Enough of these quibbles!  – for now.  This large glossy book is full of delicious treats. The “chapters”  consist of photos from several decades, with intriguing titles such as   “Tobacco Trust and Trolley Cars” (1900-1919) and  “Let Freedom Ring Along Tobacco  Road” (1940-1965). Single page introductions to these sections offer a smattering of trends from the era for each city.  The natural history of Raleigh gets its due. The Raleigh Light Infantry lined up on Morgan Street in front of the Capitol in 1875 shows young trees I think I recognize as today’s giants.  The oxcart in a Capitol view from the opposite side in the early 1880s shows large mature trees that are long gone.  A blizzard and a flood in 1899 are depicted in images that relate directly to nature in past Raleigh.  And natural history aside, any Raleigh native will enjoy looking at images like the newly opened Broughton High School, with Peace Street a dirt path and the Cameron Village area a deep forest.  This was in 1929, just before the Raleigh Civic Auditorium burned, and was quickly replaced by Memorial Auditorium.  This was during the Depression, of course, and though I knew my grandfather and many others were secure throughout the Depression because of the railroad, I didn’t know Raleigh’s civic building program fared so well.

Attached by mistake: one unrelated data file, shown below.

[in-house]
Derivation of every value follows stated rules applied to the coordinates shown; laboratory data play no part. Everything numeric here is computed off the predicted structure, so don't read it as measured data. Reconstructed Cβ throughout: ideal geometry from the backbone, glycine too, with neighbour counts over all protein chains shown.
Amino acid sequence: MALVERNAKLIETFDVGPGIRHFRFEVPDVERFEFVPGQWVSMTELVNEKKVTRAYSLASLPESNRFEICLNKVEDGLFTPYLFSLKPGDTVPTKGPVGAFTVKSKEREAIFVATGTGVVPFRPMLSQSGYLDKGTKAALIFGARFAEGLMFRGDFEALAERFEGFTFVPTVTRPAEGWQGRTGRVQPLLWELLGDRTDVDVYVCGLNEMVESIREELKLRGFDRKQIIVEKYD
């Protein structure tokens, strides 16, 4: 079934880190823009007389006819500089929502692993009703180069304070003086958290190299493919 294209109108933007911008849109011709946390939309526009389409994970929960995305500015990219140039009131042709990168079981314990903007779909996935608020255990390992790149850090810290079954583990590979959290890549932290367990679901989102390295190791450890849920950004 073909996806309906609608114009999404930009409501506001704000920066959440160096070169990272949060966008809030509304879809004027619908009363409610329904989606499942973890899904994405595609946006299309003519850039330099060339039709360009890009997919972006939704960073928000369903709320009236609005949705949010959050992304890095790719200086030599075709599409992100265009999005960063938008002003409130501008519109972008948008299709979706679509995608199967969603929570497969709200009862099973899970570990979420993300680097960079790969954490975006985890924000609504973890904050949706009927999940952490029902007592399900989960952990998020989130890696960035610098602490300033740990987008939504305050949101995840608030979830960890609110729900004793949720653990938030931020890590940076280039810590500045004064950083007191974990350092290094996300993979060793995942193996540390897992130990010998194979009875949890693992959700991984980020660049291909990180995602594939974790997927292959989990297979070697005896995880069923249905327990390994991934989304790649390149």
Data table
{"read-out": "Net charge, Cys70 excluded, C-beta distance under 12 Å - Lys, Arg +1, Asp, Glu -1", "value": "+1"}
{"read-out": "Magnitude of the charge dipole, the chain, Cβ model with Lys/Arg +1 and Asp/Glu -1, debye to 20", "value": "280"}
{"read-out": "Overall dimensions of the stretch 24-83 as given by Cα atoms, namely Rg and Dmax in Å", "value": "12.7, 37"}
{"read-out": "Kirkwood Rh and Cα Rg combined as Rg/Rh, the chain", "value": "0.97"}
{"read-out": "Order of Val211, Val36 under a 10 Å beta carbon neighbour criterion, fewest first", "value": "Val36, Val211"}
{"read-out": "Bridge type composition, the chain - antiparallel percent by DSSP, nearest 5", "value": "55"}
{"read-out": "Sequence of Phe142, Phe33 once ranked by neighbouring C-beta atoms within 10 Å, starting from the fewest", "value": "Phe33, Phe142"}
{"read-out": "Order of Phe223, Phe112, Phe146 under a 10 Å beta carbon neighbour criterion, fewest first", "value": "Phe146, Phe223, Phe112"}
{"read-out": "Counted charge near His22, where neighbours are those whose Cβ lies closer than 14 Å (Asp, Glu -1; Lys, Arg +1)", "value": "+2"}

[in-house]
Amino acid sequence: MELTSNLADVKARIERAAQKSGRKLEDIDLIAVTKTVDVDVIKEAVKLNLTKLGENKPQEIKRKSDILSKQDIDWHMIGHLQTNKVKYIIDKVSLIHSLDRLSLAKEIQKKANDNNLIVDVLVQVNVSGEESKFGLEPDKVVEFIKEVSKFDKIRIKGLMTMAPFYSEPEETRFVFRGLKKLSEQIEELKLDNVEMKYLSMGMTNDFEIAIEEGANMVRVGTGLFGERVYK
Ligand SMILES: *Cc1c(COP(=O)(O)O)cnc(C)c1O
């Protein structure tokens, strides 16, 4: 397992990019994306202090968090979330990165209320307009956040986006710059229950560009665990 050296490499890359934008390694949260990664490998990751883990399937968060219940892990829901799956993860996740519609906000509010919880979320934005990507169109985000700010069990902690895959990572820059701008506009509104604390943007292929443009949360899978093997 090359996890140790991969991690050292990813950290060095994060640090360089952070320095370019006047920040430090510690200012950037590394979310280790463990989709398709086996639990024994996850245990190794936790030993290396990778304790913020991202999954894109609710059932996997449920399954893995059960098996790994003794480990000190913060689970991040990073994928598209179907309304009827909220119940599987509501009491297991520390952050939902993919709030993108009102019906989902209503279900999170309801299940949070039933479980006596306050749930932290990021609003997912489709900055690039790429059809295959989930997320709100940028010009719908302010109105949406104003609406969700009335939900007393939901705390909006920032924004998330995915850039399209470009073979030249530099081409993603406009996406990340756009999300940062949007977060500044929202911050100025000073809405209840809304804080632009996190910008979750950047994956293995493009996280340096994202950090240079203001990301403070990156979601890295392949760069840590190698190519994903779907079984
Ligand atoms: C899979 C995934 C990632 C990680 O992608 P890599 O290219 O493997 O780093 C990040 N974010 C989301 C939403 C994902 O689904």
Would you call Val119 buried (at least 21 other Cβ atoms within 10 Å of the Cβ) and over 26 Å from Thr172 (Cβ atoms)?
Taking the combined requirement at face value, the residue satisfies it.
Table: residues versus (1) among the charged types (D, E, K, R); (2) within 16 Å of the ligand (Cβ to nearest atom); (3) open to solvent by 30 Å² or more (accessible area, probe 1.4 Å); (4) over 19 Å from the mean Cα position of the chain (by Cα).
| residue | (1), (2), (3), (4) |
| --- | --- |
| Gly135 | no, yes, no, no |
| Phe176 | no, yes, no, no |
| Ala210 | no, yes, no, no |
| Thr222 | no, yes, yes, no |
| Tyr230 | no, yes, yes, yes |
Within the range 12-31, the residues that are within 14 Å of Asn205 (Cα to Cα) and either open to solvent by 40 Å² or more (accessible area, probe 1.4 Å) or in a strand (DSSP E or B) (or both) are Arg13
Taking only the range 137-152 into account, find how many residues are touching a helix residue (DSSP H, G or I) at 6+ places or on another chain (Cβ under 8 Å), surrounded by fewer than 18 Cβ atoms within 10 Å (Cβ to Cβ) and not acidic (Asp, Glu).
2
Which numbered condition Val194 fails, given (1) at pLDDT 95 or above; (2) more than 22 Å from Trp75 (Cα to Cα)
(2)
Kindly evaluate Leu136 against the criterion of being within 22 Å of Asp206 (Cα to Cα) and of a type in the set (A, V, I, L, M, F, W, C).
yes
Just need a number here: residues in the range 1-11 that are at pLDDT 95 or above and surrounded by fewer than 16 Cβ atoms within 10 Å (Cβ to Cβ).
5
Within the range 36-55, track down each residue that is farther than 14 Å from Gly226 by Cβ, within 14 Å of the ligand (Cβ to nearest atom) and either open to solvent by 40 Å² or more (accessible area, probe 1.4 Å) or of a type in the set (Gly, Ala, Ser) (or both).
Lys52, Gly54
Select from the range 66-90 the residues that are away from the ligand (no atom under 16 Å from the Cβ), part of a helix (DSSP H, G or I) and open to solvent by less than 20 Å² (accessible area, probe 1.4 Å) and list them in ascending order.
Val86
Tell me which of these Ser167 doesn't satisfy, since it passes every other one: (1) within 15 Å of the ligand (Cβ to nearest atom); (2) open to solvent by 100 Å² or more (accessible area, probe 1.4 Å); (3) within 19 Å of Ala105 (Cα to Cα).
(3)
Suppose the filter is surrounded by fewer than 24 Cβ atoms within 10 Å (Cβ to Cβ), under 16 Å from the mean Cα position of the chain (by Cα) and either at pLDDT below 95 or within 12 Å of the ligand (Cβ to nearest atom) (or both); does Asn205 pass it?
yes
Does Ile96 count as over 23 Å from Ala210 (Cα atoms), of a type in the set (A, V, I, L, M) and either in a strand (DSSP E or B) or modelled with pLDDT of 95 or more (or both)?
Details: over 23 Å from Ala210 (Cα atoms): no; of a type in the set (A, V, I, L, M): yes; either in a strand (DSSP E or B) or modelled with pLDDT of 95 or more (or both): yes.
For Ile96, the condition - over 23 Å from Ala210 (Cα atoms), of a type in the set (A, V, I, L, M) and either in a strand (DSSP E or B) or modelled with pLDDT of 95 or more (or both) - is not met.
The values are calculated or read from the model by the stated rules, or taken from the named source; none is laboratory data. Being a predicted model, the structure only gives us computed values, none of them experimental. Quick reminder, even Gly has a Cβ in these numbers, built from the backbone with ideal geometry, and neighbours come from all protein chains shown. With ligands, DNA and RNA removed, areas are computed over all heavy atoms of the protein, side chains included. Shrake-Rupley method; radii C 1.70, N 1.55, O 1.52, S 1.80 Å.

Durham gets nearly equal coverage.  The images of the Duke homestead and rural -looking tobacco factories complement picturesque memories of early motorcycles and tree-sitting contests. Durham, which I was surprised to learn was not incorporated until 1869, is characterized as strongly influenced by tobacco and Duke University, but the book’s images also convey Durham’s blue collar and African American influences. Road-building between the two cities and early airports gets good representation.  But the photographs associated with a given theme are scattered throughout the book.  Raleigh and Durham images appear side by side.  Photographs of a single subject will appear pages apart.  If you are doing anything other than random browsing, the lack of order and cohesion in the content is disconcerting.  It is as if two local folks were hired to gather archival images and write captions, and then someone in say, Paducah, Kentucky, gathered them and laid out with only one idea – “look nice.”